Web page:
cadmium

When In Doubt, Throw It Out Safely—Part 4

For several weeks, my youngest daughter has been trying to persuade me to take her to one of her favorite stories to buy some “best friend” charm bracelets or necklaces to give to her friends at the end of the school year. I had been postponing the trip to the mall simply because I knew it was going to become a costly endeavor. Although the trip to her favorite store was intended to strictly buy the gifts for her friends, I knew that once we were in the door she would quickly identify several “must-haves.” In other words, the trip that originally was going to cost less than $25 could quickly turn into a three digit shopping spree if she had her druthers.

In this case, my procrastination paid off. Why, you may ask? Well, I just saw a blog by the Consumer Product Safety Commission recalling “best friend” charm bracelets due to high levels of cadmium! Although I was not planning on going to store in question to get those bracelets, now I definitely was not going to get those items. As parents, how can we be sure that similar children’s jewelry is not equally contaminated with cadmium or other toxic metals?!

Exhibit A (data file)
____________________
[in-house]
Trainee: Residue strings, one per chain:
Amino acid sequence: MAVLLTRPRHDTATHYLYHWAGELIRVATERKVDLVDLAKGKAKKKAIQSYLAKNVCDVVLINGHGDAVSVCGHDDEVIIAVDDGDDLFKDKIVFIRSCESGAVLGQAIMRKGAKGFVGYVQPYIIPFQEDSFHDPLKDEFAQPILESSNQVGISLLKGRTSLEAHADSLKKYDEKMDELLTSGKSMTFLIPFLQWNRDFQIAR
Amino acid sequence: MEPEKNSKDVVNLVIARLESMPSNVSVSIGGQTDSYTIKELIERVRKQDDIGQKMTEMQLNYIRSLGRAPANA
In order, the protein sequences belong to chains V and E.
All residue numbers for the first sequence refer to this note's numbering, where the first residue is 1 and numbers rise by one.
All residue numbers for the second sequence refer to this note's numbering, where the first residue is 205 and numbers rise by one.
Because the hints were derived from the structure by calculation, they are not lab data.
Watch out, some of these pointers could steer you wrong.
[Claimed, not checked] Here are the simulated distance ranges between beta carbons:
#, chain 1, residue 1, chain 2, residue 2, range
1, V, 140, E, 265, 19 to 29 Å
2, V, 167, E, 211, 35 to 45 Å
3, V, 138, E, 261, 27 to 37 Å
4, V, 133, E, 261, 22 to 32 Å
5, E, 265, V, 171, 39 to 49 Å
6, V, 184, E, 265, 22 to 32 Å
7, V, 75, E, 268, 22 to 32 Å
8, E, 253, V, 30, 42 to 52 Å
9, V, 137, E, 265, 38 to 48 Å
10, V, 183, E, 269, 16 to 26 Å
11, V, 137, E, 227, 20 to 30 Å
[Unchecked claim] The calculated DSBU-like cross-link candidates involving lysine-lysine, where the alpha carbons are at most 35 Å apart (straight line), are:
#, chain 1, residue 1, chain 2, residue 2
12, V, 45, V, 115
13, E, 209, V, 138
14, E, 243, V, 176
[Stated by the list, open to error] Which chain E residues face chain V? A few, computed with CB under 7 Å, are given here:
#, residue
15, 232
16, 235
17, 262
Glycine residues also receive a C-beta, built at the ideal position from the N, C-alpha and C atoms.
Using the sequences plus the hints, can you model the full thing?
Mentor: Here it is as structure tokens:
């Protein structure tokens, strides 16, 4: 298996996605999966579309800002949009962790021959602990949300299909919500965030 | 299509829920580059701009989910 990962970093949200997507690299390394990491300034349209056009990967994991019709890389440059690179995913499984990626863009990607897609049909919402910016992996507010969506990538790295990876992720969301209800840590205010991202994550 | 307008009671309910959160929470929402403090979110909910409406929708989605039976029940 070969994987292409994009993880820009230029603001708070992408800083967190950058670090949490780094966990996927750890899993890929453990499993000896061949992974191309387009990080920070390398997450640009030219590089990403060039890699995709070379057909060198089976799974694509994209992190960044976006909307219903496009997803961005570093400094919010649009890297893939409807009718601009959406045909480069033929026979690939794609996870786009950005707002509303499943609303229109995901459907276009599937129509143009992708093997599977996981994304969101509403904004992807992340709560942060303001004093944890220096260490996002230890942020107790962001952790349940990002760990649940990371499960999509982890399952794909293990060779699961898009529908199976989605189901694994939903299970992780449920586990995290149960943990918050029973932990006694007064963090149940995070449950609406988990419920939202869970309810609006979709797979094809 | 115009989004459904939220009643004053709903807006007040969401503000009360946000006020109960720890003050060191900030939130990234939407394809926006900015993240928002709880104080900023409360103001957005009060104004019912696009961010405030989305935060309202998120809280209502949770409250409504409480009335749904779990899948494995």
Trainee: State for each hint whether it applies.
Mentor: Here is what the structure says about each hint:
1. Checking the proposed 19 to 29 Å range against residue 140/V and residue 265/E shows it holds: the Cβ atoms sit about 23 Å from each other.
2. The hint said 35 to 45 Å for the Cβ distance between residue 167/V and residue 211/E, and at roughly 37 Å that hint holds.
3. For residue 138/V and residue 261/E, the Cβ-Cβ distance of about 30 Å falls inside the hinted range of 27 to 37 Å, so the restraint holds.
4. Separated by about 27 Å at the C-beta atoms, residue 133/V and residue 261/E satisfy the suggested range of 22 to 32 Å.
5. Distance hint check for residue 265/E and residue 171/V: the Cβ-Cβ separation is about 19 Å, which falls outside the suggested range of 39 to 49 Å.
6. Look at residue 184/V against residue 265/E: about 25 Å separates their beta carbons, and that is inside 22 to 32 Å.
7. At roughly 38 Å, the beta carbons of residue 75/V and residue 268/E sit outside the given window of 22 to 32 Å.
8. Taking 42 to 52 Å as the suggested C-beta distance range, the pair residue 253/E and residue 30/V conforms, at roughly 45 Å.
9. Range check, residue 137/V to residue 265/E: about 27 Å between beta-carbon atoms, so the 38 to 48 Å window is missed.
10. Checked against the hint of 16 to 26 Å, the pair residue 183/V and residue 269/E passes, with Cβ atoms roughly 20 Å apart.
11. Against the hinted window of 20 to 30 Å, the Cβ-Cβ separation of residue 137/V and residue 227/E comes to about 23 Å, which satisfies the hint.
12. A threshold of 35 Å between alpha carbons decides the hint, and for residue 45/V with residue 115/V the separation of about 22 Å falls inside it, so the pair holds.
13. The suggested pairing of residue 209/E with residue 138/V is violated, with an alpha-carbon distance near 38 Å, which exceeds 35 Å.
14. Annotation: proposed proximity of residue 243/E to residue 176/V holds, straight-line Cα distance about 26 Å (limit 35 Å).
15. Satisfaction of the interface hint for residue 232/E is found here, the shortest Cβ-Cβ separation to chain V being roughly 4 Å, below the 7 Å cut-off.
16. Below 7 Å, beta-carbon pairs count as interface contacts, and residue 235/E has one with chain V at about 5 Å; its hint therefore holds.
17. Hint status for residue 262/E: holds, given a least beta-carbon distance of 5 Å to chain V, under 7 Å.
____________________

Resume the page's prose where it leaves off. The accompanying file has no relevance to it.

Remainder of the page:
Back in February, I wrote several blog entries on this very issue—the use of  cadmium and lead in cheap toy jewelry. The problem is that the use of these toxic metals, while illegal, seems to be expanding to imported children’s custom jewelry, in general, even when it’s not that “cheap-looking.” We’re no longer talking of those pieces that look like trinkets. Some of this children’s jewelry is actually quite attractive. It’s hard for a child to understand that the cool items can actually be harmful to their health.

Bottom-line, the advice remains the same. Lead and cadmium are both harmful to children’s health. Since children tend to put many things into their mouth, we can’t afford to have these toxic items lying around. These objects should be eliminated from a child’s environment. Monitor recall notices regularly. With increased awareness, we can better protect our children.

About the author: Lina Younes has been working for EPA since 2002 and chairs EPA’s Multilingual Communications Task Force. Prior to joining EPA, she was the Washington bureau chief for two Puerto Rican newspapers and she has worked for several government agencies.

Editor's Note: The opinions expressed herein are those of the author alone. EPA does not verify the accuracy or science of the contents of the blog, nor does EPA endorse the opinions or positions expressed. You may share this post. However, please do not change the title or the content. If you do make changes, please do not attribute the edited title or content to EPA or the author.

EPA's official web site is www.epa.gov. Some links on this page may redirect users from the EPA website to a non-EPA, third-party site. In doing so, EPA is directing you only to the specific content referenced at the time of publication, not to any other content that may appear on the same webpage or elsewhere on the third-party site, or be added at a later date.